Frequently Asked Questions

Who's that girl with the star on her head? How does the game work? You've got questions, we'll try to answer them here!

  • What are the teams?

    The Cape Fear Roller Girls league is made up of two teams, The Cape Fear Roller Girls All Stars- our WFTDA-ranked charter "A" team, and The Cape Fear Black Harrts - our developmental team.

  • What are the positions? Who are the girls with the stars on their head?

    Roller derby has 3 player “positions.” Pivot: Sets the pace for the pack and is the last line of defense. Wears a helmet cover with a stripe. Can become the Jammer through passing the star. Otherwise just another blocker. Blocker: Plays offense and defense at the same time. Tries to stop the opposing team’s Jammer, and knocks around the opposing team’s blockers to help her own Jammer. Jammer: Scores points by passing members of the opposing team. Wears a helmet cover with stars. Only the Jammers score points.

  • Who owns and runs the league?

    The Cape Fear Roller Girls are a 501c7 non-profit organization that is run by a volunteer force of skaters and league members who each contribute unique skills to make out league function. CFRG has no salaried employees. The league makes revenue from ticket sales, merchandise sales, sponsorship contributions, and donations from supporters and players, and it all goes right back into the league. Rent, utilities and training costs at our practice spaces add up quickly. Then add game venue rentals, security, travel, insurance, legal fees and other operational costs ... as any skater will tell you, it costs a lot to play this game! The Cape Fear Roller Girls are a proud member of the Women’s Flat Track Derby Association - a governing body to promote flat track derby ( WFTDA provides member leagues with support including insurance, a unified rule set, collective national bargaining leverage, and rankings, along with organizing regional and national tournaments each year. The WFTDA is itself a not-for-profit association.

  • I remember watching derby back in the day- do you play on the big banked track that people flip over the rails?

    No - CFRG skates on what’s called a “flat track.” For fifty years roller derby was played primarily on concave ("banked") tracks. These tracks were big and expensive and required reassembly as the derby skaters of the time barnstormed from town to town. In 2001 and 2002, skaters in Austin, Texas, lacking (at the time) the budget for a banked track, created the first drafts of a modified rule set to allow the same basic game to be played on a flat surface. The popularity of this style of play has been exploding around the world, as the 'play-anywhere' nature of the flat game has allowed skaters to learn the game without investing in a banked track infrastructure. The flat track version brings the skaters closer to the fans, and makes them more accessible than normal pro-sports figures. It literally puts the skaters in the laps of the fans and they love it. Plus, the low overhead it takes to practice/play on flat track has helped the all-girl derby fever to sweep the country, including all the member leagues of the Women’s Flat Track Derby Association.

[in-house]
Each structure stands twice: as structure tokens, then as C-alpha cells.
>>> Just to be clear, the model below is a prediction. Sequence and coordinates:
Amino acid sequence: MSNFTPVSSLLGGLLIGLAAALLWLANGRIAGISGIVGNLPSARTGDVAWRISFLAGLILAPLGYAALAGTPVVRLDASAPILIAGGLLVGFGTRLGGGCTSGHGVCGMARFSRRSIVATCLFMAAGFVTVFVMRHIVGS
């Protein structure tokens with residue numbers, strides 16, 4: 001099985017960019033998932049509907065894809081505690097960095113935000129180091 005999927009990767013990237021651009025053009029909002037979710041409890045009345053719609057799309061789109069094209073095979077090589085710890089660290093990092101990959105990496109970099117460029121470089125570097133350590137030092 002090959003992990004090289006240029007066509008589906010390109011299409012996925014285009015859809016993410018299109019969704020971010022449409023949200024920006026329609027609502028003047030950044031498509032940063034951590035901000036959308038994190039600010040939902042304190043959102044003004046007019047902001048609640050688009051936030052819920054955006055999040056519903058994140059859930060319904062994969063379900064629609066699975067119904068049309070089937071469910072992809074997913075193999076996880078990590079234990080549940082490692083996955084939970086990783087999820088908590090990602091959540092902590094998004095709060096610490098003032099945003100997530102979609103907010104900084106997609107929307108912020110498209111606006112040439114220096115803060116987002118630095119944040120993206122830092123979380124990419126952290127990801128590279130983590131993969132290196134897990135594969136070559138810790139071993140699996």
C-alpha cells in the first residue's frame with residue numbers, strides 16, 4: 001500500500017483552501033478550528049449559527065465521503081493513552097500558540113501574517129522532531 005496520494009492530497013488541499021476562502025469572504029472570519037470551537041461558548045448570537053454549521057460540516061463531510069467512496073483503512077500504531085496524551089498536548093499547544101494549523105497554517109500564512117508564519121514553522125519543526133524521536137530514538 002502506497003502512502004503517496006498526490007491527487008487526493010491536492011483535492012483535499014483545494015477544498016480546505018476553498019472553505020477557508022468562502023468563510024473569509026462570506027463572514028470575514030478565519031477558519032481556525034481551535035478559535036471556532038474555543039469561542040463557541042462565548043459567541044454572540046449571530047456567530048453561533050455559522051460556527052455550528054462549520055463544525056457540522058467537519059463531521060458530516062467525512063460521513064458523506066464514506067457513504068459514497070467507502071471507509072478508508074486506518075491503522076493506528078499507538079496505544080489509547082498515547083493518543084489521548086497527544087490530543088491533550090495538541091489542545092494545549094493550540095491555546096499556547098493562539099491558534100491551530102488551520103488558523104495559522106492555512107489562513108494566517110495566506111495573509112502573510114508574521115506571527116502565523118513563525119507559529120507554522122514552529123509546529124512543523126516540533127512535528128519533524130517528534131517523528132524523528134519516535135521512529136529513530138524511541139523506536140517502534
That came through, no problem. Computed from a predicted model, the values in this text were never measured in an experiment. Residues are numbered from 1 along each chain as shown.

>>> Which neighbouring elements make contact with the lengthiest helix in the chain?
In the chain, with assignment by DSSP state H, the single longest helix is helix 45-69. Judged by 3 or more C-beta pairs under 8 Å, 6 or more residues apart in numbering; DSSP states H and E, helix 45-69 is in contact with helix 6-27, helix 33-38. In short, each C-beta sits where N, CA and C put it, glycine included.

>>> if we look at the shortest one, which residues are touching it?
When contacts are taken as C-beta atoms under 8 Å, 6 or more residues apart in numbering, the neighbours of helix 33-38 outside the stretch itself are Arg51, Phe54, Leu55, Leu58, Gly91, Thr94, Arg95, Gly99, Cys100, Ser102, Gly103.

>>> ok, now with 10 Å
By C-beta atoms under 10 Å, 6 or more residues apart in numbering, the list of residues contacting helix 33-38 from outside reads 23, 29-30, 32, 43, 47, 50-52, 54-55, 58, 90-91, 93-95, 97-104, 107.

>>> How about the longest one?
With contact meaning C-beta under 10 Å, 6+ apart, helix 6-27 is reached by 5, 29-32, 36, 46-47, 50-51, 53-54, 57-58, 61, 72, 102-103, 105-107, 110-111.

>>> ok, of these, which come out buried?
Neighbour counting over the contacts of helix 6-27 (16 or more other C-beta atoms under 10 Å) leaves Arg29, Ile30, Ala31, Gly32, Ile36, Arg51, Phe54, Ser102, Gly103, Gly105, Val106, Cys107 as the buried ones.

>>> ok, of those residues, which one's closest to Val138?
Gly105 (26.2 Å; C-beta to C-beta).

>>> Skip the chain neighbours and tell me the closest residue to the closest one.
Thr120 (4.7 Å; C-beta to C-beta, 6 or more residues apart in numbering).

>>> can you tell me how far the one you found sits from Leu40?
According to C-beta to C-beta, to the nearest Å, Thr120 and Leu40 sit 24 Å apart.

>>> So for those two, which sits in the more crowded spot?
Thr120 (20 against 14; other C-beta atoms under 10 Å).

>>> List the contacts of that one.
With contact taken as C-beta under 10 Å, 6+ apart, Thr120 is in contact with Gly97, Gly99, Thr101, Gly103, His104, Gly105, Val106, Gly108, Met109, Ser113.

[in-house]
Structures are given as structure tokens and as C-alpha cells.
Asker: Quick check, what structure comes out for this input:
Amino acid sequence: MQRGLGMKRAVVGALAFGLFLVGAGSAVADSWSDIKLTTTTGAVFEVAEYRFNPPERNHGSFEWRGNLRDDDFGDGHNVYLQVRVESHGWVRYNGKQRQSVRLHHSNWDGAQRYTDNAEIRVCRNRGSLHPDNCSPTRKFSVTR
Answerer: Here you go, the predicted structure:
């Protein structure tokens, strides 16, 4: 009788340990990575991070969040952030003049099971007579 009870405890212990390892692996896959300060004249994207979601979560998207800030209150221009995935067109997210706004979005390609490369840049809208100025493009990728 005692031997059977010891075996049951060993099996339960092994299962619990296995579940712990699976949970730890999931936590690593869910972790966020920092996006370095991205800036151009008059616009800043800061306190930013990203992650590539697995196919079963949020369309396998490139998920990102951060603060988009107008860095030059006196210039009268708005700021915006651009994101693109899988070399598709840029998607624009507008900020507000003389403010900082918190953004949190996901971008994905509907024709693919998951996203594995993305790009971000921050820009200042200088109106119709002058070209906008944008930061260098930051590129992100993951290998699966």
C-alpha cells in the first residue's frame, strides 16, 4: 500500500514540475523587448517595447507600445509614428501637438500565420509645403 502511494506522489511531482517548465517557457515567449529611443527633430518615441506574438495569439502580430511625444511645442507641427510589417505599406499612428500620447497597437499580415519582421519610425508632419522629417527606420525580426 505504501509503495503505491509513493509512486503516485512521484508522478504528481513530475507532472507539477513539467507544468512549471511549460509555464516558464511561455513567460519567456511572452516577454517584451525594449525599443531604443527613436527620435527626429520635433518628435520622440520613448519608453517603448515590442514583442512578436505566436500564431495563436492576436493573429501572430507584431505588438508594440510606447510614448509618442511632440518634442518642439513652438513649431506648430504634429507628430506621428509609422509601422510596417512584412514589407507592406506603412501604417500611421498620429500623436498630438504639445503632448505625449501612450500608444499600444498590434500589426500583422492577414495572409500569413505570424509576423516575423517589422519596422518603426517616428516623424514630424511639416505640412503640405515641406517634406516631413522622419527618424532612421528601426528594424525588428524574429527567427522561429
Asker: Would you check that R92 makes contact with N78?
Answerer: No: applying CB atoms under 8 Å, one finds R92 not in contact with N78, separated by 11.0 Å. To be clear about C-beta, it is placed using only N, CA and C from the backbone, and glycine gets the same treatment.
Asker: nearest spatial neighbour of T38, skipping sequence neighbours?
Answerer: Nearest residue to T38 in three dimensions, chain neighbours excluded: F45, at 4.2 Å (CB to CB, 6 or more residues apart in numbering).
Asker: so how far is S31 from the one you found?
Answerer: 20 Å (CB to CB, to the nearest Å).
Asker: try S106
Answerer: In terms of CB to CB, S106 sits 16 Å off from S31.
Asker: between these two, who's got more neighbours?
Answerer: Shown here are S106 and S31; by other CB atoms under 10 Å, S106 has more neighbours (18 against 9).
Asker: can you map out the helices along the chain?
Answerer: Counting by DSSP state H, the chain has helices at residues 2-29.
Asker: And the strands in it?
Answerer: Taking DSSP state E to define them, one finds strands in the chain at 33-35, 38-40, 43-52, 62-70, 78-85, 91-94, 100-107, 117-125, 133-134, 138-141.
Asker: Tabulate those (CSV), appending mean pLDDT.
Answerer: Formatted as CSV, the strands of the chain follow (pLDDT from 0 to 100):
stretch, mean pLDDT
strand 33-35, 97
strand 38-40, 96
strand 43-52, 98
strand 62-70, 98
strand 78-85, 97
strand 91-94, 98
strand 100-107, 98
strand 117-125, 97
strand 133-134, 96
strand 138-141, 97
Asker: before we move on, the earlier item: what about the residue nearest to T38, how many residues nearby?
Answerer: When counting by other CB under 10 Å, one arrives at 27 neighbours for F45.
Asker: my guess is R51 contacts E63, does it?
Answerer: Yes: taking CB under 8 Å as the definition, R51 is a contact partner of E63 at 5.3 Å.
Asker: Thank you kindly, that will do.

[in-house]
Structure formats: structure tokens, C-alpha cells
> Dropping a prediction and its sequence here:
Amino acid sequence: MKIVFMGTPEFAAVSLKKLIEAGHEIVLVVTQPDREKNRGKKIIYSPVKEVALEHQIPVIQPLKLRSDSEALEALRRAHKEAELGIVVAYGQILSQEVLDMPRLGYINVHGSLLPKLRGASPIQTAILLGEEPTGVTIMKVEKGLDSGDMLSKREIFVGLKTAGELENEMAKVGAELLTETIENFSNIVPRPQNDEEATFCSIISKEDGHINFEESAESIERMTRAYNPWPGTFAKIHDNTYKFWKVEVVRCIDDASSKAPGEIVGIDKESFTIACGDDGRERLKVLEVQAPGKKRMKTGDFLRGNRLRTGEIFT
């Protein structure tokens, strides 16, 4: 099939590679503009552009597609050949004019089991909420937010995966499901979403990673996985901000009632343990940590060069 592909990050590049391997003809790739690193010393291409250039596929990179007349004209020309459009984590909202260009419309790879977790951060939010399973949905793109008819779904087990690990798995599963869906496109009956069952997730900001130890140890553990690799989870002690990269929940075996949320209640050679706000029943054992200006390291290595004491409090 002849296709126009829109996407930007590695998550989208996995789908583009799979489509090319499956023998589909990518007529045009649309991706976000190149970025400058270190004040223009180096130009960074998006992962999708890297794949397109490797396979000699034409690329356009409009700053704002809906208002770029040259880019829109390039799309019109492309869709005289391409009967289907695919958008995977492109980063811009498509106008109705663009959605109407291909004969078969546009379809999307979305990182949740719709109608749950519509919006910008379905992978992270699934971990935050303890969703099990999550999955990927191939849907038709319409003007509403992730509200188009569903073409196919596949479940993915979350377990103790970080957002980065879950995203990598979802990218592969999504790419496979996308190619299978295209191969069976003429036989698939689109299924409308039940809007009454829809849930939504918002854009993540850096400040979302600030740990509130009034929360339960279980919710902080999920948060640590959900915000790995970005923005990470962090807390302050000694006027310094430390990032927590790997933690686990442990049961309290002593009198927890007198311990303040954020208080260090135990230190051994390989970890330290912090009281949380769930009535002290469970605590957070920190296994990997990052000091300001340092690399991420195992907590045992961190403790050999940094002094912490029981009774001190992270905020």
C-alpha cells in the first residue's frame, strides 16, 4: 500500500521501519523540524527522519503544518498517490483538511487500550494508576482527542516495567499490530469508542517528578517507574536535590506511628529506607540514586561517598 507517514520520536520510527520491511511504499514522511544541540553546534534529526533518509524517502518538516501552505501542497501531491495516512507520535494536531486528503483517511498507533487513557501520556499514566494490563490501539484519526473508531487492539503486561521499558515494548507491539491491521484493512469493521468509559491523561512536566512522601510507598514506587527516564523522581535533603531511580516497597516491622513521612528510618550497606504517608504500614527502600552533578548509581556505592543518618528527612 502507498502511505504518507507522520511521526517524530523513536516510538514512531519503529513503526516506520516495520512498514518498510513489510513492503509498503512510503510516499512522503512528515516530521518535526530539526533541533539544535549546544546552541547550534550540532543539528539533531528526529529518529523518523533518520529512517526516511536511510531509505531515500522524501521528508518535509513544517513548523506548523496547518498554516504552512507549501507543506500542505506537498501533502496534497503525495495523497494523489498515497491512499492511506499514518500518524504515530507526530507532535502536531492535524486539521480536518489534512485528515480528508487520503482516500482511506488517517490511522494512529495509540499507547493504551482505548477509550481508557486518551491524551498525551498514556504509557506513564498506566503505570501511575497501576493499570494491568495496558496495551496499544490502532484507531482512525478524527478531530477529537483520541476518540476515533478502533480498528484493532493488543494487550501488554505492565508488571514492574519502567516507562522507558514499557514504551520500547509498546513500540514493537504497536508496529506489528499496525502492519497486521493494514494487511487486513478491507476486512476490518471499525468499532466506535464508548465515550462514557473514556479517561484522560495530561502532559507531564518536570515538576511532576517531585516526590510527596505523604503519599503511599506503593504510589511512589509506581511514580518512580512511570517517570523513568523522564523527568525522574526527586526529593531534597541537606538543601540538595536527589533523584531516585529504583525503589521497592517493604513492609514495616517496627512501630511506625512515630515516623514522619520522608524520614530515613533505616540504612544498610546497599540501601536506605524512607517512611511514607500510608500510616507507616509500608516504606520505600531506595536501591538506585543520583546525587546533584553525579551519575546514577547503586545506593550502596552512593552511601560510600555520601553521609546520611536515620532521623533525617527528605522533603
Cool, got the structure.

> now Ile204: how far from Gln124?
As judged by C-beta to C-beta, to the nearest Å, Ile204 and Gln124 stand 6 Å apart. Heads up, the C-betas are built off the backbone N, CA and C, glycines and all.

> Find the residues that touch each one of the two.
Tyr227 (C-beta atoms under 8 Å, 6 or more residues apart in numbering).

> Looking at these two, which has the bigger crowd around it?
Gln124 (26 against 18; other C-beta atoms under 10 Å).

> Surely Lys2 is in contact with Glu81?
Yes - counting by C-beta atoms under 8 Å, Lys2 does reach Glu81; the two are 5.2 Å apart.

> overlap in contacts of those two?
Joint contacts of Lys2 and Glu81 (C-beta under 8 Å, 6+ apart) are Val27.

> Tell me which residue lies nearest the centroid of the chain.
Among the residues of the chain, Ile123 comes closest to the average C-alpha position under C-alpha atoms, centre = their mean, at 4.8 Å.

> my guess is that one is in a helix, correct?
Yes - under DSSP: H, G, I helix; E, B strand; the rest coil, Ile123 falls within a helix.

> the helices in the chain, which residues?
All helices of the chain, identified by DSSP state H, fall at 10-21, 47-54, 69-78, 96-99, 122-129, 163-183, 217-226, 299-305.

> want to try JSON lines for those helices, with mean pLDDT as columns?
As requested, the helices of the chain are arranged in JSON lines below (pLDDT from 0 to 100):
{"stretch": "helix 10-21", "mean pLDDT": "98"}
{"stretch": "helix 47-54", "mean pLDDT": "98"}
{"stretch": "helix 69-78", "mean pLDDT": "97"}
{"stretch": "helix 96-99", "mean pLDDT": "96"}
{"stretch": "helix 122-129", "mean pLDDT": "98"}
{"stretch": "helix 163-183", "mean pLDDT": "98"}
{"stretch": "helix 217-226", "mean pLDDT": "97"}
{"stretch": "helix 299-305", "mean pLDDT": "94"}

• How far away do you travel to play other teams?

    This changes every year but for the 2017 season in addition to our home and regional games, we will be traveling to Fort Worth, FL, Denver CO, and Long Island, NJ.

  • What is the crowd like at the games?

    One word — awesome! CFRG pack capacity crowds into their venues, and those fans are enthusiastic, creative and raucous! Homemade signs, face paint, coordinated chants — our fans are the best around. They include cool guys and geeky girls, parents and kids, bikers and grandmas, and both old school derby fans and new sports fans excited by the sincerity of the authentic competition that the Cape Fear Roller Girls provides.

  • How do I try out?

    We have tryouts every few months for our Fresh Meat training program. Check the tryouts page our our Facebook page for further updates on the exact dates. Potential players must be over 18 years old.

  • Why isn't Roller Derby covered in the Sports section of the paper?

    CFRG and the national sport of Roller Derby have been moving slowly from the human interest sections of the media into the sports sections. This new incarnation of the sport is only a little over seven years old, and people are just starting to notice and understand its competitive nature. So keep looking in the sports sections — roller derby has been leaking into them more and more.

  • Would CFRG's skaters consider putting our company's logo on their jerseys/helmets/bodies??

    The Cape Fear Roller Girls were created by a handful of girls who just wanted to skate and hit each other, and since then it's just exploded. As we've gotten bigger, so have the opportunities for partner promotion, from program ads to game banners to halftime entertainment, and our league is very interested in exploring additional ways to promote those who support us. Our partners support the values underlying the modern incarnation of our sport — "Real, Strong, Athletic, Revolutionary."

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